The Bacon King of Inishcorkish

Food trends come and go, but nothing will beat fresh, raw ingredients. In this lakeland region, locally produced food has always been in fashion

On the edge of County Fermanagh's Upper Lough Erne you’ll see many things. You’ll see swans waddle through reeds and sun warm the water’s rippling surface. You’ll see dense forests and you’ll see a collection of islands. Among those islands, you will find a Hare Krishna Centre (Inish Rath); millennia-old carvings (White Island); and an entire monastic site once subjected to Viking raids (Devenish).

On Inishcorkish Island you will find black pigs. And if you choose the right day, you might also spot the butcher Pat O’Doherty making his way there on his boat.

To be truthful, though, Pat O’Doherty isn’t just a butcher. He’s a key player in a global food revolution and a key food trend. Consumers are looking for high quality raw, natural ingredients. They’re moving away from commercially farmed foods to local, hands-on producers.

Pat O’Doherty is one such producer.


There’s one thing black bacon producer Pat O'Doherty will never experience on his commute to work: traffic. Along his way to visit his black pig herds on Inishcorkish, Pat is alone with rippling water, a swan or two and Lough Erne’s serene silence.

This is the image of the local, free-range producer that inspires chefs around the world. Back in 2014, it started with a key food trend "The new flavours of farm-to-table." But it’s not only chefs who want to cook with produce that has been “raised by small-scale producers” like Pat. Food lovers want to eat it, too.

Bottom line: as far as grass-fed, farm-to-table quality goes, bacon from pigs reared on their very own island ticks all the boxes.

Pig pals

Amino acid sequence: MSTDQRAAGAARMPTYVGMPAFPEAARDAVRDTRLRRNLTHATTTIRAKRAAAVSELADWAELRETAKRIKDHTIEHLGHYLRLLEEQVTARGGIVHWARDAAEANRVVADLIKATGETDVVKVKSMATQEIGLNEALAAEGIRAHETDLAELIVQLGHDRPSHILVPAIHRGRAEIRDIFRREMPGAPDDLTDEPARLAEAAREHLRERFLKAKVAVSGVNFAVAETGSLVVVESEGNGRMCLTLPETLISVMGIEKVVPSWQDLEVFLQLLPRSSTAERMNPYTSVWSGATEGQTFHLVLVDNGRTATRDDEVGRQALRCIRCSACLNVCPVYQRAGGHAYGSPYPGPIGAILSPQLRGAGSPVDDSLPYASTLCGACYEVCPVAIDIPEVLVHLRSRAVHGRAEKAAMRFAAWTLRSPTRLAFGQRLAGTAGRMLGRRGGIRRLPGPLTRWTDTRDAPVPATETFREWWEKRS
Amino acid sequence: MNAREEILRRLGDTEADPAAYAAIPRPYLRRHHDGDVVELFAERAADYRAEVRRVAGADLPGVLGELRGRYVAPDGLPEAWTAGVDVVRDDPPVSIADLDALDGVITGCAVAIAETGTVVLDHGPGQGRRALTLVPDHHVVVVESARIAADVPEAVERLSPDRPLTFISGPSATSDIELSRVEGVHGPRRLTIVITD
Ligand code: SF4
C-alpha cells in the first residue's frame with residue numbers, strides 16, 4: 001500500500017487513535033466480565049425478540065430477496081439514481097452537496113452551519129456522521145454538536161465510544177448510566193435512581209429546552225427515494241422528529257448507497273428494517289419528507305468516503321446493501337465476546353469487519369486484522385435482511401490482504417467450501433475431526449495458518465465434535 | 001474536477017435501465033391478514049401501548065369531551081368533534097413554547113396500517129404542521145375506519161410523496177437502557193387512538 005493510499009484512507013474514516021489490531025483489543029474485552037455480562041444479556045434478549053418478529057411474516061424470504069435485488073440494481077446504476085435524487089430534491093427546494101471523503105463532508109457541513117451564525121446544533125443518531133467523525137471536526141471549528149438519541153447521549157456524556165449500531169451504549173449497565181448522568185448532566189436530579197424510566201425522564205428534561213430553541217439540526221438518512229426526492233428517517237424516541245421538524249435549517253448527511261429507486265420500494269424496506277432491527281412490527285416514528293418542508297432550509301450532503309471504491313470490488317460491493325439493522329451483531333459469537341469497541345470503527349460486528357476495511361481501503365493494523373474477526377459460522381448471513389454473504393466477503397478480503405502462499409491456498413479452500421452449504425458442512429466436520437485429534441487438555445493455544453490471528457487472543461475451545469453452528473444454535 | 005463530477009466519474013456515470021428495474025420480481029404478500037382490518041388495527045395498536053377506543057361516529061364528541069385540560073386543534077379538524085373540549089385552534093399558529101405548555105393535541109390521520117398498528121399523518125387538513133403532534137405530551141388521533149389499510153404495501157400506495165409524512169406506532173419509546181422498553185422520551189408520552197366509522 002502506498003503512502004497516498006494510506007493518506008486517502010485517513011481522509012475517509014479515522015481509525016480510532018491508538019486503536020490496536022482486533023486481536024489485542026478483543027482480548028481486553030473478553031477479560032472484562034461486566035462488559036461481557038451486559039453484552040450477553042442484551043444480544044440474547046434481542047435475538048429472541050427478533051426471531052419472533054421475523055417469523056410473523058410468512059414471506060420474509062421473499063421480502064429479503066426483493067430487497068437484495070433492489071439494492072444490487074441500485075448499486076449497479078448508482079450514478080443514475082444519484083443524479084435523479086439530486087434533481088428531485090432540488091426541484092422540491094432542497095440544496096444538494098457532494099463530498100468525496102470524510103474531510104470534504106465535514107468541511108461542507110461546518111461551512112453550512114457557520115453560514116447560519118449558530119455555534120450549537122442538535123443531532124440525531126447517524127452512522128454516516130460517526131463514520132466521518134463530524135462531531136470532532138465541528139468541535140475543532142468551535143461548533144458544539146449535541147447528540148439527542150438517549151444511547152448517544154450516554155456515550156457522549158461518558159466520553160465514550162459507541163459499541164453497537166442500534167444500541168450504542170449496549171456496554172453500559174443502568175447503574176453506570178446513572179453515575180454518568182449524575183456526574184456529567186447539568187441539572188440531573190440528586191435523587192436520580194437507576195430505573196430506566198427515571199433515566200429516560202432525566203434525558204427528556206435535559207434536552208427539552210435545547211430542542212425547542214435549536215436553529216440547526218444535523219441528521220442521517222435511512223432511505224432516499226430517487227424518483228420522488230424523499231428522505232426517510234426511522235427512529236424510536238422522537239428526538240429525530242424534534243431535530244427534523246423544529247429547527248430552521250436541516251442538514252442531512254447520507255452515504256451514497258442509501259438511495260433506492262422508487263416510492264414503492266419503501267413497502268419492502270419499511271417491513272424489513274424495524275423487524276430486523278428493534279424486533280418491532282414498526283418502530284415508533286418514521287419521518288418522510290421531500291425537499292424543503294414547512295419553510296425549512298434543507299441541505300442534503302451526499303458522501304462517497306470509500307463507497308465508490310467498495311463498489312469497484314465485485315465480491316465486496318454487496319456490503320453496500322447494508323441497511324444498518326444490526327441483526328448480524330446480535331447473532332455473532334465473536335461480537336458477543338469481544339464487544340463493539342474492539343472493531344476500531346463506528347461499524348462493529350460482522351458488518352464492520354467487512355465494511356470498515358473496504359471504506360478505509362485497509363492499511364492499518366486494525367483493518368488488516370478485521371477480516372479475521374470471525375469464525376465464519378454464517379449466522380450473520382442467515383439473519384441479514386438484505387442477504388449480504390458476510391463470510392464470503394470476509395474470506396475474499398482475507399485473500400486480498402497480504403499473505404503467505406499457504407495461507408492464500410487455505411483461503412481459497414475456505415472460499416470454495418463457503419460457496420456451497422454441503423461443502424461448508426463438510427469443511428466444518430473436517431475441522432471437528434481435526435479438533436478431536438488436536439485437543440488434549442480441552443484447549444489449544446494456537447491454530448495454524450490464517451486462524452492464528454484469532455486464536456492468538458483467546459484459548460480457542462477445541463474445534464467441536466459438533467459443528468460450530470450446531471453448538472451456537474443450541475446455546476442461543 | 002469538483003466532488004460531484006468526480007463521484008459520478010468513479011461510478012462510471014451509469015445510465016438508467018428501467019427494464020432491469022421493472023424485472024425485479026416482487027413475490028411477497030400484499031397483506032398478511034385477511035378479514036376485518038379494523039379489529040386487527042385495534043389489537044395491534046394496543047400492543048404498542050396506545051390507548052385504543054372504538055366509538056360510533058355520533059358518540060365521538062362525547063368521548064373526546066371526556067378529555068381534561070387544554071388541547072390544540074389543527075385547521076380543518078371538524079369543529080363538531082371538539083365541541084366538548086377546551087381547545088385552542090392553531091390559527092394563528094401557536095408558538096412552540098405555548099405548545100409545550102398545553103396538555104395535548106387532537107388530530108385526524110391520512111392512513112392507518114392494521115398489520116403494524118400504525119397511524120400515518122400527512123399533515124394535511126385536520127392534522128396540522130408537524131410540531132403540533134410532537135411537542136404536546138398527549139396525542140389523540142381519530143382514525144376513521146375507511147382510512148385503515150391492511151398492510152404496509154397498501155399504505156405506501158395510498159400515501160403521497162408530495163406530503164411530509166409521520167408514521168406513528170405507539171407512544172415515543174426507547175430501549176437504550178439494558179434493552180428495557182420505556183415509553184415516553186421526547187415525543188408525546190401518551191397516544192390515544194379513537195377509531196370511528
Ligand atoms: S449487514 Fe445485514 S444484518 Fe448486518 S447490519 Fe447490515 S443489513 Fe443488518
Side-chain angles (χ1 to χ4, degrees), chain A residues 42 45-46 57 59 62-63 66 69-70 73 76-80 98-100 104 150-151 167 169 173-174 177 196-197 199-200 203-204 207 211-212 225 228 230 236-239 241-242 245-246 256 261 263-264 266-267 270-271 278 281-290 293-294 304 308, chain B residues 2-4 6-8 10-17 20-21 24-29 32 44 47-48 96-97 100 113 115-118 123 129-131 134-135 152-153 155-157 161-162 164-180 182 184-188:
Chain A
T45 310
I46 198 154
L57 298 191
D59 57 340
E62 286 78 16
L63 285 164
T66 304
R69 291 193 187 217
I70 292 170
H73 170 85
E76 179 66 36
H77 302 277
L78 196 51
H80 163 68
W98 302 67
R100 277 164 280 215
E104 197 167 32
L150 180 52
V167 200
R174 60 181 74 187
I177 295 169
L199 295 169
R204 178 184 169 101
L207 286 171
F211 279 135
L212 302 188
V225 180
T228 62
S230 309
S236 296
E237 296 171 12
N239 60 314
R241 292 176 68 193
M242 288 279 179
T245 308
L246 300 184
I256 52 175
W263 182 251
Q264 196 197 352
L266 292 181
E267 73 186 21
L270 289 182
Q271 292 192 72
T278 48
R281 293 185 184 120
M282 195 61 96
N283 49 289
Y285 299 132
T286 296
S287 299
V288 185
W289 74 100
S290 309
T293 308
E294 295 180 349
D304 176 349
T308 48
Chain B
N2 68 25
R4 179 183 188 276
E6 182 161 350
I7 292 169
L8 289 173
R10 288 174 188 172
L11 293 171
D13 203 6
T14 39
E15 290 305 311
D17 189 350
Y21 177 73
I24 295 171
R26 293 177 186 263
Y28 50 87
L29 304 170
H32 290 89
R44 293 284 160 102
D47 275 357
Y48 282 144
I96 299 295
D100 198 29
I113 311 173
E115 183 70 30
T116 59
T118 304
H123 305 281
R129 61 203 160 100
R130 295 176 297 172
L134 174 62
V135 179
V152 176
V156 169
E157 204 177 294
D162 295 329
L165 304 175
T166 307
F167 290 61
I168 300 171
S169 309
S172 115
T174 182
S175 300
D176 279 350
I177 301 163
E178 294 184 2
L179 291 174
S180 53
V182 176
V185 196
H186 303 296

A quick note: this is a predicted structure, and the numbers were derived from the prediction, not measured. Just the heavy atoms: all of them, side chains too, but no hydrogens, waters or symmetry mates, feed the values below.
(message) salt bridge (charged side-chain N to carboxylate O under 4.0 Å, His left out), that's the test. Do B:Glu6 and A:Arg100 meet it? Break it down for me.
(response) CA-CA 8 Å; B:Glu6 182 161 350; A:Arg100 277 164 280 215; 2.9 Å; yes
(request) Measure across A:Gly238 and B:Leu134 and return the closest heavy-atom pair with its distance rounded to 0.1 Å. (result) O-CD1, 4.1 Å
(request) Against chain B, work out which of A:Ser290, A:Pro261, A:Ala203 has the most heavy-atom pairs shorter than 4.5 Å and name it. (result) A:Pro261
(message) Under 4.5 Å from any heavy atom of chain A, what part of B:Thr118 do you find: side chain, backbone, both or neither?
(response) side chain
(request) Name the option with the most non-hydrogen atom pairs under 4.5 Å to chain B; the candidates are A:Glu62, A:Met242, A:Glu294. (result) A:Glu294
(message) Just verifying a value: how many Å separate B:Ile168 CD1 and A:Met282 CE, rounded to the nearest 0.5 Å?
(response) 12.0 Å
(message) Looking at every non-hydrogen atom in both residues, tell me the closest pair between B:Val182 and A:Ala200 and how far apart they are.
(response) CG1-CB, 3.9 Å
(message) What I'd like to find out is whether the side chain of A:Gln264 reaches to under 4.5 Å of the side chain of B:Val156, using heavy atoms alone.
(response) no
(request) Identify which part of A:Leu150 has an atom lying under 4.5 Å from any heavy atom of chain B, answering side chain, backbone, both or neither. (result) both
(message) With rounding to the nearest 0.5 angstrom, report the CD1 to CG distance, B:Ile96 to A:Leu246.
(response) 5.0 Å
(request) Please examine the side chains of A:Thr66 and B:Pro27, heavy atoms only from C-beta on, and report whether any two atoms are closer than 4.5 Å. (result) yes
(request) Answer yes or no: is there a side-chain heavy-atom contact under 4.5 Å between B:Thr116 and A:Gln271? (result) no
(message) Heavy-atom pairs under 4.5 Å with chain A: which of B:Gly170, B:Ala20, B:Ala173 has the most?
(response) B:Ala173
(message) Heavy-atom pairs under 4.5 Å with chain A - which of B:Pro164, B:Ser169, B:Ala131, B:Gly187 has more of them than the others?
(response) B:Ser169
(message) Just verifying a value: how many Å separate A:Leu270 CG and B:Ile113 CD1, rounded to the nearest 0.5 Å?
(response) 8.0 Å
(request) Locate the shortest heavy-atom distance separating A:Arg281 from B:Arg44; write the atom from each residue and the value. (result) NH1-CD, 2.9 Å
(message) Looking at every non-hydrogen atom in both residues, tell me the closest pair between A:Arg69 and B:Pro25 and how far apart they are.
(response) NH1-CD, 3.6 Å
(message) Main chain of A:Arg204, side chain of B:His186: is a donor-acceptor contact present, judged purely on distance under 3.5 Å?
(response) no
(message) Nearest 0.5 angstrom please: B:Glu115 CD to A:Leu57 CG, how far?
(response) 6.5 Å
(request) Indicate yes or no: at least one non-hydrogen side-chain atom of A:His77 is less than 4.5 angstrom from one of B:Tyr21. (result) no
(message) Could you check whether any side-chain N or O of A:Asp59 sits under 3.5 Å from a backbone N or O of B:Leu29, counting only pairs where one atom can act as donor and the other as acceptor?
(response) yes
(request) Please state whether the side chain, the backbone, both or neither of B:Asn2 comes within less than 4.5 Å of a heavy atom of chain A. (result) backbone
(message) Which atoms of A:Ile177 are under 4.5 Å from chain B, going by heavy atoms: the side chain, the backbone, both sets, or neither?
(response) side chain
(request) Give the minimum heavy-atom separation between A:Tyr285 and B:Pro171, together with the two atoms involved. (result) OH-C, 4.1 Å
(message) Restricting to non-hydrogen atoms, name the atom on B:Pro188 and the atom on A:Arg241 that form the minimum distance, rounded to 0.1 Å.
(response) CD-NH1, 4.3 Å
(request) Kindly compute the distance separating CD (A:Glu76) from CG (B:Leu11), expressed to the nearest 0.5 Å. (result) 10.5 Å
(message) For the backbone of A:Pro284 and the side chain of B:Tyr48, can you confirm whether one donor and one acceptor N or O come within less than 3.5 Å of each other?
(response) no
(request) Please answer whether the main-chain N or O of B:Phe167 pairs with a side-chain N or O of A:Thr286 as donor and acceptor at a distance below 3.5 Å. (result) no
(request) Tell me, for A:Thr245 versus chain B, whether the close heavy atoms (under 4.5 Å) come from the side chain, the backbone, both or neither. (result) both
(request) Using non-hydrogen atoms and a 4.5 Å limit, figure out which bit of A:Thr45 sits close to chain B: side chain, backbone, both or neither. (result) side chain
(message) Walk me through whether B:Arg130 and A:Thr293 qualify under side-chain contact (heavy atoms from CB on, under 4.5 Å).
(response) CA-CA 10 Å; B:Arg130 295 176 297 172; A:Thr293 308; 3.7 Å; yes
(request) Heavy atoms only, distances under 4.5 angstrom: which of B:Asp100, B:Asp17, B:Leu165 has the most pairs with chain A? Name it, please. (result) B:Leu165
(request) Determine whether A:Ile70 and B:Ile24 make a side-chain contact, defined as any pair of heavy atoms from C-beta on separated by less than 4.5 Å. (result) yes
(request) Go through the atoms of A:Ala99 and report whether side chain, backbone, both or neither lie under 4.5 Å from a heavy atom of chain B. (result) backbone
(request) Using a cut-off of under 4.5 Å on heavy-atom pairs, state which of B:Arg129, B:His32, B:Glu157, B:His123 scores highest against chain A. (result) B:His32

From a grassy patch on Inishcorkish, Pat’s ‘on trend’ bacon ends its journey at his Enniskillen butcher shop. After providing such paternal care and intimate attention, does Pat get close to the herd?

"I become very attached to the pigs," Pat says. "I travel to the island each night to give them little snacks and check on their well being. I’m fascinated by the way they interact with nature and each other."

But Pat’s care and dedication isn’t just noticeable in the behaviour of these very happy and well-tended pigs. As this recipe below confirms, it’s evident in the taste, too.

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Derrylin Soda Farl Sandwiches with Black Bacon

Derrylin Soda Farls and Black Bacon provided by Pat O'Doherty


  • 450g/1lb plain white flour
  • 150g/5oz self-raising flour
  • 1 teaspoon salt
  • 1 teaspoon baking powder
  • 25g/1oz butter
  • 568ml/1pt approx. buttermilk
  • Flour for dusting

For the salsa

  • 4 vine tomatoes, deseeded and diced
  • 2 shallots (spring onions), finely diced
  • ½ cucumber, deseeded and finely diced
  • Fresh flat-leaf parsley, finely chopped
  • 1 tablespoon olive oil
  • ½ tablespoon lemon juice
  • Salt and pepper for seasoning

For the filling

  • 12-16 rashers of Black Bacon
  • Olive oil
  • Butter


1. Sieve both flours into a bowl with the salt and baking powder. Rub in the butter.

2. Add the buttermilk a little at a time (you may need to add a little more buttermilk (or water) depending on the temperature of the flour).

3. Form the dough into a circular shape and cut into six triangles.

4. Heat a large frying pan and sprinkle with flour. Griddle the farls on each side for 10 minutes until risen and golden.

5. Allow to rest for an hour before serving.

6. Mix together ingredients for salsa and season with salt and pepper.

7. Fry the bacon in a little olive oil until cooked through.

8. Split the farls and butter liberally on each side. Slide two rashers of warm Black Bacon into each farl and serve with the salsa.

The above recipe is delicious anywhere and anytime. For the ultimate experience, though, just add a Lough Erne sunset. 

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